From Faith Pulpit, Summer 2012. Used by permission. All rights reserved.
How is a person justified before God? That was the question that ignited the Reformation. Beyond that foundational question, theologians have debated additional questions, such as “What is the importance of justification in relation to the other benefits of salvation?” and “Where does justification fit logically in relation to saving faith?” In this article Dr. Myron Houghton, senior professor and chair of the Systematic Theology Department at Faith Baptist Theological Seminary, guides us in an in-depth consideration of these significant questions.
To answer these questions about justification, we must first explore the exact nature of justification. Theologians have held two main positions: infusion and imputation.
Roman Catholic Position: Infusion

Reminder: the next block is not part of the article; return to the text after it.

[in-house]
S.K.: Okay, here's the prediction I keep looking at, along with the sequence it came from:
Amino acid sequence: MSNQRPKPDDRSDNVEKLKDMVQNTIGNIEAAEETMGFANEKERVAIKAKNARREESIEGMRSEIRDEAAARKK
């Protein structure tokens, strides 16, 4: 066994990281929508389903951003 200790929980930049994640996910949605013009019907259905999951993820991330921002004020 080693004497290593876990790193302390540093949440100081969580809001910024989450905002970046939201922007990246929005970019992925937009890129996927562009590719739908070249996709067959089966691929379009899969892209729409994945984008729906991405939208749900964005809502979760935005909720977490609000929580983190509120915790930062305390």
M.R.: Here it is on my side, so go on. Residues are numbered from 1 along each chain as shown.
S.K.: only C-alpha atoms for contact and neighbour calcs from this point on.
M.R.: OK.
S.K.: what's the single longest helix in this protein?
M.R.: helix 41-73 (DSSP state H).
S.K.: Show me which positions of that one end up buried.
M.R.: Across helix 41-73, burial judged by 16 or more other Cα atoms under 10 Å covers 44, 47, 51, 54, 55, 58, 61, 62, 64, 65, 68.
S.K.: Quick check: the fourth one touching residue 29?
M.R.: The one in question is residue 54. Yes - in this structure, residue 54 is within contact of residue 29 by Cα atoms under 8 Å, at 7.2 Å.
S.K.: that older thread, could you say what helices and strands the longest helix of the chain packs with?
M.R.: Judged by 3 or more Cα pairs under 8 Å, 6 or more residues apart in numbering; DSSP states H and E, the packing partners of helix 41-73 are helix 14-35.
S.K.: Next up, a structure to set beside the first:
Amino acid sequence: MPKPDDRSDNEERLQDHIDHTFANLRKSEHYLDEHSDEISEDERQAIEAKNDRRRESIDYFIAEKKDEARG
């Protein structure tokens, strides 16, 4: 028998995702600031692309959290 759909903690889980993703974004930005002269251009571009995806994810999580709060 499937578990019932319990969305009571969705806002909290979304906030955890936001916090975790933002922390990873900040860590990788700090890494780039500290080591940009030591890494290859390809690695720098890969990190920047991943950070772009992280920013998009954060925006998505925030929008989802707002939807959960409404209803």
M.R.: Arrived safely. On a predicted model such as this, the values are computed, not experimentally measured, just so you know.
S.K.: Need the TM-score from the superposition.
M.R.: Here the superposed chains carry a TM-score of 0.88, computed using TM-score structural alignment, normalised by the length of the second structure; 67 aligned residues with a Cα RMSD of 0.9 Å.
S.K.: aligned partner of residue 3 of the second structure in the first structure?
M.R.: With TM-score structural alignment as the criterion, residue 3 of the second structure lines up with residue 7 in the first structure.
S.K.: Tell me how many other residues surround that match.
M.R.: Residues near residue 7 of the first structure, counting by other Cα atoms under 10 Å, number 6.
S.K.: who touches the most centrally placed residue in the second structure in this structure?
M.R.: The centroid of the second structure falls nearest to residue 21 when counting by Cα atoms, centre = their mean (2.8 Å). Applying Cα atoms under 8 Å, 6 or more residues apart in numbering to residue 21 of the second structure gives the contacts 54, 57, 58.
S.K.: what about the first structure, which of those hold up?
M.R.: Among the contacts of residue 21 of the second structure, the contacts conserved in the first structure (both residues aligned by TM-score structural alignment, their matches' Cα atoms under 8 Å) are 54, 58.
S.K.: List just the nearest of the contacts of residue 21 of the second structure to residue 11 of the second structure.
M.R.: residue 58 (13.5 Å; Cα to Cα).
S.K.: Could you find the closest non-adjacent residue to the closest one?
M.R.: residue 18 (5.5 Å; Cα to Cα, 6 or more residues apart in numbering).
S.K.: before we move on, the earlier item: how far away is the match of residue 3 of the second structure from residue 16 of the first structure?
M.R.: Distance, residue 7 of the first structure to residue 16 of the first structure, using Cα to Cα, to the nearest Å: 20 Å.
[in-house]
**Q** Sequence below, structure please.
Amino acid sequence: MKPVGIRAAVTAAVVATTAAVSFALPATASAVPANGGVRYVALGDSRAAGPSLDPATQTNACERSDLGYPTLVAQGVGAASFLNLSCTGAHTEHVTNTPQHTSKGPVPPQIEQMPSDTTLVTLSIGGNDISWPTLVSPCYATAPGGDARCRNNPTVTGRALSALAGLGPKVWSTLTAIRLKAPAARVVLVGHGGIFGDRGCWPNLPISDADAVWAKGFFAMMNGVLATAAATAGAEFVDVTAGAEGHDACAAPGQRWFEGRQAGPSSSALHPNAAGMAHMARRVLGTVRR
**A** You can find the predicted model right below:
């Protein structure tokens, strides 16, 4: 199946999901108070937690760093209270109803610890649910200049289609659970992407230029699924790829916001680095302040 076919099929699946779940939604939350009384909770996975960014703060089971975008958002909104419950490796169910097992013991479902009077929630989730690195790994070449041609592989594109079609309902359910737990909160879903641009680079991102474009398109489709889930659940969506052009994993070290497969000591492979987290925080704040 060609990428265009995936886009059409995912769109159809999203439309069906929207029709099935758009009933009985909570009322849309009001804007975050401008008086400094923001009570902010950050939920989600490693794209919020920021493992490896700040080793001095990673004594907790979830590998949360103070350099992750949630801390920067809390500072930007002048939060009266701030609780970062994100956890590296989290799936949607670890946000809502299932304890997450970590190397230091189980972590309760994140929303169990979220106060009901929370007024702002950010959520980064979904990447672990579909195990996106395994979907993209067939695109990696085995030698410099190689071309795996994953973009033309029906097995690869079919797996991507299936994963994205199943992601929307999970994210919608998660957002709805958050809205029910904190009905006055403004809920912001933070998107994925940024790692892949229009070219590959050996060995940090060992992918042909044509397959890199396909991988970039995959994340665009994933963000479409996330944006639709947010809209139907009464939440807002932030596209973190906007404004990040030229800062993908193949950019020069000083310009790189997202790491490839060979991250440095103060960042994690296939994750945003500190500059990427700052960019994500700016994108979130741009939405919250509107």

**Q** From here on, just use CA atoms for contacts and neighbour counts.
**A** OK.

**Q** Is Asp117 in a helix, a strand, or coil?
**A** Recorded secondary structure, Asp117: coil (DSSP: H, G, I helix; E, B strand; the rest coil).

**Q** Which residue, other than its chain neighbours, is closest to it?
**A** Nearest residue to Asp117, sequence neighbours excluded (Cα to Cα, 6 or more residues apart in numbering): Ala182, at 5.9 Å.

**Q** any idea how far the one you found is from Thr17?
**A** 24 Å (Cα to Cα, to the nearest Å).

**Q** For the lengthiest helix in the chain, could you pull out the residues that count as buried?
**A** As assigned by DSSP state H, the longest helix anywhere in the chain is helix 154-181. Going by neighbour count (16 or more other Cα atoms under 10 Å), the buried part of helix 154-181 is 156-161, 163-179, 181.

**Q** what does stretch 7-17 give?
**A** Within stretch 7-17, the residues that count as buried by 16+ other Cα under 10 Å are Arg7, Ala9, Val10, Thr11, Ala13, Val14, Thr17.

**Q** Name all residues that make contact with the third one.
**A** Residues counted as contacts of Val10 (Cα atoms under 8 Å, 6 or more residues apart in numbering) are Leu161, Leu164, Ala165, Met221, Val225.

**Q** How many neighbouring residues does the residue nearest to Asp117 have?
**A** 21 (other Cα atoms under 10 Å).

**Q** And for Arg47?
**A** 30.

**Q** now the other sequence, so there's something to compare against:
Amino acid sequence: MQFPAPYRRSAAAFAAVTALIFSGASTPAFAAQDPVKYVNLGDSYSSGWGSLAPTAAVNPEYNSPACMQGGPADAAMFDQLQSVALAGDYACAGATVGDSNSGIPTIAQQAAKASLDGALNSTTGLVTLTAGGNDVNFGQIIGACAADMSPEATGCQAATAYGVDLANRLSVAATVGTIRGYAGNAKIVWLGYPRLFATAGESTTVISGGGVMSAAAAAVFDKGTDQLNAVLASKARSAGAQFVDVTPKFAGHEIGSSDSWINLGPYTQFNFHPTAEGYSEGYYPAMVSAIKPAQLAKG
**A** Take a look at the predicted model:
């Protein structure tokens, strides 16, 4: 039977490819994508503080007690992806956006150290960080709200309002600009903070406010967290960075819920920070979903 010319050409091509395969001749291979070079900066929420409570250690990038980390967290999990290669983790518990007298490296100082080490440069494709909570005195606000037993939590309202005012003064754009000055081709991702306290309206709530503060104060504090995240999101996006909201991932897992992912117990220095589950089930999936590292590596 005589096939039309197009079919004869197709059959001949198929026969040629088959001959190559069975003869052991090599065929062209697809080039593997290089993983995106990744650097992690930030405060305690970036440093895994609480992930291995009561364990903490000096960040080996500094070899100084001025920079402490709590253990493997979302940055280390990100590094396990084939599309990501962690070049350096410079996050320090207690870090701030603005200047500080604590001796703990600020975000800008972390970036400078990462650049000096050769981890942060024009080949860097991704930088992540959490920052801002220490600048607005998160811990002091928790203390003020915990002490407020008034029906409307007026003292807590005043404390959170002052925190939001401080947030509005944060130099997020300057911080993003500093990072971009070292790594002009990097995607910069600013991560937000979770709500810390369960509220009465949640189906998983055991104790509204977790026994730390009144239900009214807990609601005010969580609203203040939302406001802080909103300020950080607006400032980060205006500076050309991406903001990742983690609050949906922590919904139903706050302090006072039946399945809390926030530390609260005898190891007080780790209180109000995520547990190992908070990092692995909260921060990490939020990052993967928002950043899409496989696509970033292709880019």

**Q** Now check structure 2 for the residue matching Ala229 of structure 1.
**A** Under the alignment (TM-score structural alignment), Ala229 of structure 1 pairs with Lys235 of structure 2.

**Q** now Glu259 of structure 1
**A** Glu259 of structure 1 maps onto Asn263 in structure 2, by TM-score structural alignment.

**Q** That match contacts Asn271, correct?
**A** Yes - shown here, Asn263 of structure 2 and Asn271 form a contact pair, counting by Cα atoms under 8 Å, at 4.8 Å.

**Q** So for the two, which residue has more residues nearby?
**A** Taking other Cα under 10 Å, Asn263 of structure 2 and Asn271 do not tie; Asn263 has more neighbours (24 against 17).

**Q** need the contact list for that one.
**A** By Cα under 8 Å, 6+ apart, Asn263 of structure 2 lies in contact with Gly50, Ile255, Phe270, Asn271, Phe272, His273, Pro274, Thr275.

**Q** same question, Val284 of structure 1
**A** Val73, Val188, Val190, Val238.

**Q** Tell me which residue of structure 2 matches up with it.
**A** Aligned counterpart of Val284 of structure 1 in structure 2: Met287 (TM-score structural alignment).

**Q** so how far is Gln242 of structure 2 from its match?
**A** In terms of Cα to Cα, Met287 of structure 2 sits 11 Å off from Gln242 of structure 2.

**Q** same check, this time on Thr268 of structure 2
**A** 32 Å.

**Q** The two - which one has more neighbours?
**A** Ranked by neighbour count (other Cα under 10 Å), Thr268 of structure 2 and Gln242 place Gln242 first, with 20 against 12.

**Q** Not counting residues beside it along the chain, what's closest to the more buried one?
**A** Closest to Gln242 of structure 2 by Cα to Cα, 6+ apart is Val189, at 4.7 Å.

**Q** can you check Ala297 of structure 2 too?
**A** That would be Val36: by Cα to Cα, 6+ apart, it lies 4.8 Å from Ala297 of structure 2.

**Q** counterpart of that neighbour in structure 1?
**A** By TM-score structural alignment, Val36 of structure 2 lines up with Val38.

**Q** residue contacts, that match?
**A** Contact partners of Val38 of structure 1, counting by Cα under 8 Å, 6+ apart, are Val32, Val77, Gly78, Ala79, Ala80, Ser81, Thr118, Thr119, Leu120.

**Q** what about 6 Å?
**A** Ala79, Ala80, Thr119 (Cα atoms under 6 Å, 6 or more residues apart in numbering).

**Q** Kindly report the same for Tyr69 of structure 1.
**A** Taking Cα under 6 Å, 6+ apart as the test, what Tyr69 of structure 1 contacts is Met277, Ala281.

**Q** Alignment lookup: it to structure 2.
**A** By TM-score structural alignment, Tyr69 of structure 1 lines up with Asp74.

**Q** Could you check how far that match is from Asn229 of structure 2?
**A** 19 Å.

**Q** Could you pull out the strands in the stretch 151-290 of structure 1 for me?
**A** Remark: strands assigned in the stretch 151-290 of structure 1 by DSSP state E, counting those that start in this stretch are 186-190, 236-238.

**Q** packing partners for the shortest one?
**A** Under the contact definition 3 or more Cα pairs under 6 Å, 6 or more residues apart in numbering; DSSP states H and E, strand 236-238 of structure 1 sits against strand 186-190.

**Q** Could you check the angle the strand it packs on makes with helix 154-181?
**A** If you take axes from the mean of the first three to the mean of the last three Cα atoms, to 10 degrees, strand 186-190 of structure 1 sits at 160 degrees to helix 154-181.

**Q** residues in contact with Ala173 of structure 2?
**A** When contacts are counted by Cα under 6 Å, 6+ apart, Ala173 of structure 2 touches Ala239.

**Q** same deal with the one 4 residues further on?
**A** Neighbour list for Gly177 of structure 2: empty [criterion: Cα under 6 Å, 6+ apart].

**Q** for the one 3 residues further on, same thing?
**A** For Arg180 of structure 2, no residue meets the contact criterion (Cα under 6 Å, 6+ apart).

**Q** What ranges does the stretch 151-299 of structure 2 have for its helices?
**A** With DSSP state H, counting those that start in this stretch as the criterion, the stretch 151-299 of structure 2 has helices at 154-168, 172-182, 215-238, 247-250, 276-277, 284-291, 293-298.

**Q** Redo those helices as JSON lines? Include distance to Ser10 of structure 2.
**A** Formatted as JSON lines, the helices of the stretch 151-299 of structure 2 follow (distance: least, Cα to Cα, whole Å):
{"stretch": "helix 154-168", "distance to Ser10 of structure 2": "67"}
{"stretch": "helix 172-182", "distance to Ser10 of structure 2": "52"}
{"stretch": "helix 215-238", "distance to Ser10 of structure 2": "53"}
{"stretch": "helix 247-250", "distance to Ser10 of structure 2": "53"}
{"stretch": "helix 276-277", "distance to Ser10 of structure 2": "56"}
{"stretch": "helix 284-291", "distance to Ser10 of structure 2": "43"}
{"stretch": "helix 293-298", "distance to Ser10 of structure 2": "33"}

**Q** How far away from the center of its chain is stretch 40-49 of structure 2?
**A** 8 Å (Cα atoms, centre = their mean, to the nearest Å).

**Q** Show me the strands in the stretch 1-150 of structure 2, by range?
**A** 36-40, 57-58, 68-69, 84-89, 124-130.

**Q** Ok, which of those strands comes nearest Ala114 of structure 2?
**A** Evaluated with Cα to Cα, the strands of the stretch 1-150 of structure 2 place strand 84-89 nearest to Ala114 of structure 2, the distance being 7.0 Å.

At the time of the Reformation, Catholics and Protestants differed greatly in their understanding of justification and grace. The Catholic position defined justification to include all of the benefits of salvation, making it a process. Grace was understood as a God-given ability to do good works which was infused into the person. This Catholic view is sometimes described by the words, “Christ IN us.”
The Council of Trent, the Catholic council that dealt with Reformation issues, stated in its canons on justification: